Michelle Minton, Senior fellow, Competitive Enterprise Institute

US-based Michelle is ‘pretty pessimistic’ about the prospects for vape regulation under President Biden.

She believes that he doesn’t understand the category and his ‘old school drug warrior’ Vice President Kamala Harris is unlikely to push for a repeal of the current restrictions.

Michelle noted that youth vaping has declined over the past year, likely due to less social interaction among teens and an easing of the media panic and scaremongering that makes young people inclined to rebel.

“Unless there’s another fake EVALI outbreak kind of thing where e-cigarettes are getting blamed for something they didn’t do, I think we may see a little with the Biden administration focusing on other things and the news cycle focusing on, you know, the facts.”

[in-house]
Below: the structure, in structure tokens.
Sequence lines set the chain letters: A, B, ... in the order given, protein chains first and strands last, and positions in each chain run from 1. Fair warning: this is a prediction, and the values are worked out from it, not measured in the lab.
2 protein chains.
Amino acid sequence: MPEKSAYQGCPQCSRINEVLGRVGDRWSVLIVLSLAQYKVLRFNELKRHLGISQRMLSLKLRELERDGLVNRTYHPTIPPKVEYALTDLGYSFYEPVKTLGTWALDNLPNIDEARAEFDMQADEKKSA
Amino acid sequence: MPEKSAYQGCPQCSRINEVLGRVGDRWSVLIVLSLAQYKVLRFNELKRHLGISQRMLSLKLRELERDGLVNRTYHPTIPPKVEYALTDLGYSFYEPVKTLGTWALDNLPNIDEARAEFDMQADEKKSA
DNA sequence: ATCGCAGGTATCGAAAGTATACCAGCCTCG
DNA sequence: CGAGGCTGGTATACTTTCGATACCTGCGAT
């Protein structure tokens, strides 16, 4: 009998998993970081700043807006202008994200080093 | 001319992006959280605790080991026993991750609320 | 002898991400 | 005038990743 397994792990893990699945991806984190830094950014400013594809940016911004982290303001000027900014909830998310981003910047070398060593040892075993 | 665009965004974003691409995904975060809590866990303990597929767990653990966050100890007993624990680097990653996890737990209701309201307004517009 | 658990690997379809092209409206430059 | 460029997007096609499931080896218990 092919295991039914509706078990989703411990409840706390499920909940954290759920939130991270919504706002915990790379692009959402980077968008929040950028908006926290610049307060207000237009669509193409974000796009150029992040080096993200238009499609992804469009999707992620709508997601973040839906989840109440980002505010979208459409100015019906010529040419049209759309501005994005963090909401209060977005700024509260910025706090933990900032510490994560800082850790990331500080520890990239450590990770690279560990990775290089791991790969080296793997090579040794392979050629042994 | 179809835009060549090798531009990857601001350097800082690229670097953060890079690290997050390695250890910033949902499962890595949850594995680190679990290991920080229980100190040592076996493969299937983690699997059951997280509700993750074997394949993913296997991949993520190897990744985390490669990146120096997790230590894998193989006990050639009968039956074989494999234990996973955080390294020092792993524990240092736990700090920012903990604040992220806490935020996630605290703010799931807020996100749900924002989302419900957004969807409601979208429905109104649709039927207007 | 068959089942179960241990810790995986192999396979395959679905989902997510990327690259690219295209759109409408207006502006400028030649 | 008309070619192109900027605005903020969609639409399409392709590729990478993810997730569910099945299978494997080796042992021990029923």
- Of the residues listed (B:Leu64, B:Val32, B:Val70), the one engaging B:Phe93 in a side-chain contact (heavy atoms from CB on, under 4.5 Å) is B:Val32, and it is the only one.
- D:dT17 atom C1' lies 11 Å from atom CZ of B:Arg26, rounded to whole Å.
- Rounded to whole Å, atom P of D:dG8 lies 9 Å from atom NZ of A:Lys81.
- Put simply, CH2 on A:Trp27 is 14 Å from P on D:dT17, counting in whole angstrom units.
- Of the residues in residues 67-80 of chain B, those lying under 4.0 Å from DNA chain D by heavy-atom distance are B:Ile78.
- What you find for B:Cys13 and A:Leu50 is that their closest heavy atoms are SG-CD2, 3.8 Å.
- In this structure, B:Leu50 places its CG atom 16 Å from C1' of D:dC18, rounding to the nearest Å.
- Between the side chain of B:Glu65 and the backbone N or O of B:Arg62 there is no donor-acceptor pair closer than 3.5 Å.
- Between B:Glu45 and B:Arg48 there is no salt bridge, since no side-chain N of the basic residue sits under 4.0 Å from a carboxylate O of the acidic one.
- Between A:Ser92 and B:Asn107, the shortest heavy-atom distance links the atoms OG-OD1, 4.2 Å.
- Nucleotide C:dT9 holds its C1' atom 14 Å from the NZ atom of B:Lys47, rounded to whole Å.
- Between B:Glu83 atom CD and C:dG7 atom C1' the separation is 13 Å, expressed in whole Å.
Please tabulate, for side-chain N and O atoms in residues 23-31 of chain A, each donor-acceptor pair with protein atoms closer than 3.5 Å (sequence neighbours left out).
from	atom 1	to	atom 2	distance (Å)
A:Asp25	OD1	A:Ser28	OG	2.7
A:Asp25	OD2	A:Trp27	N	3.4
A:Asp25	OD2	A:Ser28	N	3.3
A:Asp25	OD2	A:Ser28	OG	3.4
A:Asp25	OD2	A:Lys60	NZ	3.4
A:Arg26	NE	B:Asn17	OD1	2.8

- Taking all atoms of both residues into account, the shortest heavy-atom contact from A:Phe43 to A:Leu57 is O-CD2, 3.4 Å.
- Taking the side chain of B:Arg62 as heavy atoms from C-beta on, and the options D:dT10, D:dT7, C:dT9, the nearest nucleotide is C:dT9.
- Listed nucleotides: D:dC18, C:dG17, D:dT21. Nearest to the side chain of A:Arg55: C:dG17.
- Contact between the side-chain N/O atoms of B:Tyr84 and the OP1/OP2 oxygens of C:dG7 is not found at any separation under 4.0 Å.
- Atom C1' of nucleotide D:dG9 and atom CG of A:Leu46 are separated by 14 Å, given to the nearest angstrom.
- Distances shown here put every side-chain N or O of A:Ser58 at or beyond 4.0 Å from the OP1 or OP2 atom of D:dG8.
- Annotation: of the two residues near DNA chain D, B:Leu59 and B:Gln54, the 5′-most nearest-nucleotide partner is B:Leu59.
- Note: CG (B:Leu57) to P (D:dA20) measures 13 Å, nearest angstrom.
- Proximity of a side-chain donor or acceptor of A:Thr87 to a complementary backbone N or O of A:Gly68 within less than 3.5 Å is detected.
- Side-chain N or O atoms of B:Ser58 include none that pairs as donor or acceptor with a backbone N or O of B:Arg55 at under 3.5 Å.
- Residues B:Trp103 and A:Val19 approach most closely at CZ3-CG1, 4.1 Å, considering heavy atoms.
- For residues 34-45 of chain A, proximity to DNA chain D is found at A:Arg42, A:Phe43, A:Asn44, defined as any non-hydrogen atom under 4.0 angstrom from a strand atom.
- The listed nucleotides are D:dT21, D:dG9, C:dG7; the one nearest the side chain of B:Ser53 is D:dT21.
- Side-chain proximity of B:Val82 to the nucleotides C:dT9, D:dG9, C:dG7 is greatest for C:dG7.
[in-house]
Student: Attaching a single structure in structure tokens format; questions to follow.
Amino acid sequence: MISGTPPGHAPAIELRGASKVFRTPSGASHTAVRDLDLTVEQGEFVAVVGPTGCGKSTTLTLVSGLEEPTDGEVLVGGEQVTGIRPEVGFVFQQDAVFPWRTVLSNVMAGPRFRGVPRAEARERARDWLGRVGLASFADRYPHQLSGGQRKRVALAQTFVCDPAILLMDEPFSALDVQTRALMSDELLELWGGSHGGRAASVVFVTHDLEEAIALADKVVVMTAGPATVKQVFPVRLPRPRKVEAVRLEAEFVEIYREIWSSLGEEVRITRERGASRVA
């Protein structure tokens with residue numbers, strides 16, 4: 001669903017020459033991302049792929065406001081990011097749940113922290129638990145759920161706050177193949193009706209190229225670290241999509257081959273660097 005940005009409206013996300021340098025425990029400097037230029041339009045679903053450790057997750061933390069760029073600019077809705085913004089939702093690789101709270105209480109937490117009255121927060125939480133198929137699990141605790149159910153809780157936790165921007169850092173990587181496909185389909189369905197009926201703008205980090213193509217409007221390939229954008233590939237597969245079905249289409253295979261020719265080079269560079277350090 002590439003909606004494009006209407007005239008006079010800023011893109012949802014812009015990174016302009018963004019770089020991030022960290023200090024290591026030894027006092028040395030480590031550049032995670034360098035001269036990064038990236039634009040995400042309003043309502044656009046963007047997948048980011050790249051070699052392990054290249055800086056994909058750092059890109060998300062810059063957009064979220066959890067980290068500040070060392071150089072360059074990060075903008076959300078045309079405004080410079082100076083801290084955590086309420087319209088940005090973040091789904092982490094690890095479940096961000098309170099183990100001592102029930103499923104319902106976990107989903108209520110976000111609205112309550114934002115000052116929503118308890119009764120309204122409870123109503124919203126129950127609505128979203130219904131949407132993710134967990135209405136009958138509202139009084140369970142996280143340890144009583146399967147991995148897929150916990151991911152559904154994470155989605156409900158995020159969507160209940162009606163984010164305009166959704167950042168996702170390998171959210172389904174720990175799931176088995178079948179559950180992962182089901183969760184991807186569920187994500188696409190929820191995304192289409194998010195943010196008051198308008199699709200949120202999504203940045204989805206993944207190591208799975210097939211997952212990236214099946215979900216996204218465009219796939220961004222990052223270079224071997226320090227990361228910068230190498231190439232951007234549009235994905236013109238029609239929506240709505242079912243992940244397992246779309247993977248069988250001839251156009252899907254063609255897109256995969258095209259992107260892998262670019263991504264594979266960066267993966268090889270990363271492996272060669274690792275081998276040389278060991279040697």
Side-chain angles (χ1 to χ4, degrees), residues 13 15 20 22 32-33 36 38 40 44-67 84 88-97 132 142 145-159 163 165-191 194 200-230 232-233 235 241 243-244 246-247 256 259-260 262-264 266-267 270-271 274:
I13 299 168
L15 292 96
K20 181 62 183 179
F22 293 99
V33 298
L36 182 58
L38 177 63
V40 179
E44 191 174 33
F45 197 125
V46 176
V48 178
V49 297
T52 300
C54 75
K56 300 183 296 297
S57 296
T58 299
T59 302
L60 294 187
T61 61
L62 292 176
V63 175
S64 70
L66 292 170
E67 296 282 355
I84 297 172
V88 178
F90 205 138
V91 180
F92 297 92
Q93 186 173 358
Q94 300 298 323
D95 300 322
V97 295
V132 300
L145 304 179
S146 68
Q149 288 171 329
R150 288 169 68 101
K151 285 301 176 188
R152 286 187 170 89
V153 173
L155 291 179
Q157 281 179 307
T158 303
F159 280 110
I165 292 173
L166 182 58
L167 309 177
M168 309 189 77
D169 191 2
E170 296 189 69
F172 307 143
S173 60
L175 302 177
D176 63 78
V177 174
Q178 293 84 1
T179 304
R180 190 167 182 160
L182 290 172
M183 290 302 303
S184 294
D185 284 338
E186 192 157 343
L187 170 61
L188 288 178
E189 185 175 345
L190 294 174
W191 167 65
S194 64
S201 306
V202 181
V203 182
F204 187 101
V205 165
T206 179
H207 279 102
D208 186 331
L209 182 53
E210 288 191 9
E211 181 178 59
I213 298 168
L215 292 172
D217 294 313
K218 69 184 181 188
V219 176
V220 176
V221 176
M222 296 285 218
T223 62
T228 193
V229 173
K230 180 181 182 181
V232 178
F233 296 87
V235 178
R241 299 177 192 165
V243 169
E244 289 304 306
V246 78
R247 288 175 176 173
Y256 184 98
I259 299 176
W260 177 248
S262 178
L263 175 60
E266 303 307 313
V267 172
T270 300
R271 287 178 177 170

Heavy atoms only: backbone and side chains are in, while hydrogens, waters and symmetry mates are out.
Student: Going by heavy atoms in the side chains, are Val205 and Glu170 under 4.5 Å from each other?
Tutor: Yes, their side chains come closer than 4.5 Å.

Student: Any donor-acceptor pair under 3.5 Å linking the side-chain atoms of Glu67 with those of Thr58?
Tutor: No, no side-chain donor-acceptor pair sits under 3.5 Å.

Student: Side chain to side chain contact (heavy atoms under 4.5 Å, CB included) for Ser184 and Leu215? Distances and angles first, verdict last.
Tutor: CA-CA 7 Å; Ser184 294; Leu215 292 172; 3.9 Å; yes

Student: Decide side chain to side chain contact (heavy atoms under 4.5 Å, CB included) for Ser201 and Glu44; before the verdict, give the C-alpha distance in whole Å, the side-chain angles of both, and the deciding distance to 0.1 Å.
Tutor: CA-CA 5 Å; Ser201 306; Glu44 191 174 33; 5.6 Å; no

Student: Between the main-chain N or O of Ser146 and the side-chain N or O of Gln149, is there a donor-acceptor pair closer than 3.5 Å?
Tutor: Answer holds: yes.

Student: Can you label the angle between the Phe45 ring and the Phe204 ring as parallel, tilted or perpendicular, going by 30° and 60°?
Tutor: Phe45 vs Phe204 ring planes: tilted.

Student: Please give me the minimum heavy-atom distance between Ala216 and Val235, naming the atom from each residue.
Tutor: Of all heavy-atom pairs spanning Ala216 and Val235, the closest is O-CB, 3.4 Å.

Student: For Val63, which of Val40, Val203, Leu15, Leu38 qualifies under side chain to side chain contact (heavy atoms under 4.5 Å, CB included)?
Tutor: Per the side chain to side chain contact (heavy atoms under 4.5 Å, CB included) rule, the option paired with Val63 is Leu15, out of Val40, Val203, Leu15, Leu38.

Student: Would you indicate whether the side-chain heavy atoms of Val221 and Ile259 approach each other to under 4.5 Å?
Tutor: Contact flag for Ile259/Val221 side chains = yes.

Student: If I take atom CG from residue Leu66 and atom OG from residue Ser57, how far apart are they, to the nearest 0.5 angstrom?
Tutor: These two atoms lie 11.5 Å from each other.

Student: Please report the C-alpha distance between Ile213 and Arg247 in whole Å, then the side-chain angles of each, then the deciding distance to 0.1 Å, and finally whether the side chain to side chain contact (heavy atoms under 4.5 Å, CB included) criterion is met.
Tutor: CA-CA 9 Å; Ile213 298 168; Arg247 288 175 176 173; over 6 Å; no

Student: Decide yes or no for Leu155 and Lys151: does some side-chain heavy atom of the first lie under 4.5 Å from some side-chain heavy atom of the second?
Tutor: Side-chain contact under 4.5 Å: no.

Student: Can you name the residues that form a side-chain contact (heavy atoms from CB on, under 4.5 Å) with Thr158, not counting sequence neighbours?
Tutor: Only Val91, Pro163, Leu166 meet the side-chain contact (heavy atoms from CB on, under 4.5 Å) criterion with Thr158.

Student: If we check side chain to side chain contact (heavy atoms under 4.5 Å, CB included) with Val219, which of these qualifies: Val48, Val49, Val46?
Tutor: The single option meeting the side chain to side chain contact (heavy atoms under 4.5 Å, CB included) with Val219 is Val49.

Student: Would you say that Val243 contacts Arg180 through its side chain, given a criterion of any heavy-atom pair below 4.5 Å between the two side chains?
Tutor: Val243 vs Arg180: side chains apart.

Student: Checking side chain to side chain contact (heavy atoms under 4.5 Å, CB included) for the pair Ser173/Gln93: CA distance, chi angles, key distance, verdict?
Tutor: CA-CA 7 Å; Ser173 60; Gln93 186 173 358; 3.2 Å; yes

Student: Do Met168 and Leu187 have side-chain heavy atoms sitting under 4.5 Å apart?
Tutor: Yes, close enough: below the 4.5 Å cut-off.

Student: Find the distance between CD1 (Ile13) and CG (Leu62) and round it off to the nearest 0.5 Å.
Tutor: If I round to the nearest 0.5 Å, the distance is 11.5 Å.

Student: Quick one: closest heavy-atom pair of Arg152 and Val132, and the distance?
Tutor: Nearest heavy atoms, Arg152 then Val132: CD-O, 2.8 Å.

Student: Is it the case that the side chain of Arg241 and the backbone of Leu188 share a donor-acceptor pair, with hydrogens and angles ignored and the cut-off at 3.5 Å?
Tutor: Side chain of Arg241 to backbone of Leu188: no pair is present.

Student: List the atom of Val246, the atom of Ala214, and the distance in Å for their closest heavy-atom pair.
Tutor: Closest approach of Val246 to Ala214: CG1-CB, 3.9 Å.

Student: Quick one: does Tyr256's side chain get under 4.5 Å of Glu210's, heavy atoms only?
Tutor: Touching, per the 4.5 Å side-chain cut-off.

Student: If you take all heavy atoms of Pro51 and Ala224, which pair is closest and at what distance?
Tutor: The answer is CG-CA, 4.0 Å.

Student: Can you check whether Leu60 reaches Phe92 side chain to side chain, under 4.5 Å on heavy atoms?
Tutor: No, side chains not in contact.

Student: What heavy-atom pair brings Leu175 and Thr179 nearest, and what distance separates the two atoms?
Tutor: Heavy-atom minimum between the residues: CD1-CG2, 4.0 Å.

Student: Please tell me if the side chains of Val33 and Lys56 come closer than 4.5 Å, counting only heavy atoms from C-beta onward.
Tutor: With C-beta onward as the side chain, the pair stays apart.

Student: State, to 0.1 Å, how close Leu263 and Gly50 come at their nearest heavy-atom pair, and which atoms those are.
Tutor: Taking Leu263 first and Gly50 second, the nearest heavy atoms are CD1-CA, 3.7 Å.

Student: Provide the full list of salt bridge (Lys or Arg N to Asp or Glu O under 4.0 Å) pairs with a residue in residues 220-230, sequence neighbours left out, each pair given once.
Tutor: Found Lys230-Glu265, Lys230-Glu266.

Prof. Bernd Mayer, Professor of Pharmacology and Toxicology, University of Graz, Austria

It was upsetting to hear how challenging it can be to work in public health and be pro-vaping.

Prof. Mayer assumed tobacco control would be all for a tobacco industry disruptor that benefits public health. However, that has not been his experience.

“[If I work in tobacco control and] I’m against smoking, I must be very happy that there’s a product, [where people] can still consume nicotine but you don’t [need to] smoke anymore, but instead of getting enthusiastic comments I get hostile replies, I was insulted by people.”

Christopher Snowdon, Head of Lifestyle Economics, Institute of Economic Affairs (IEA)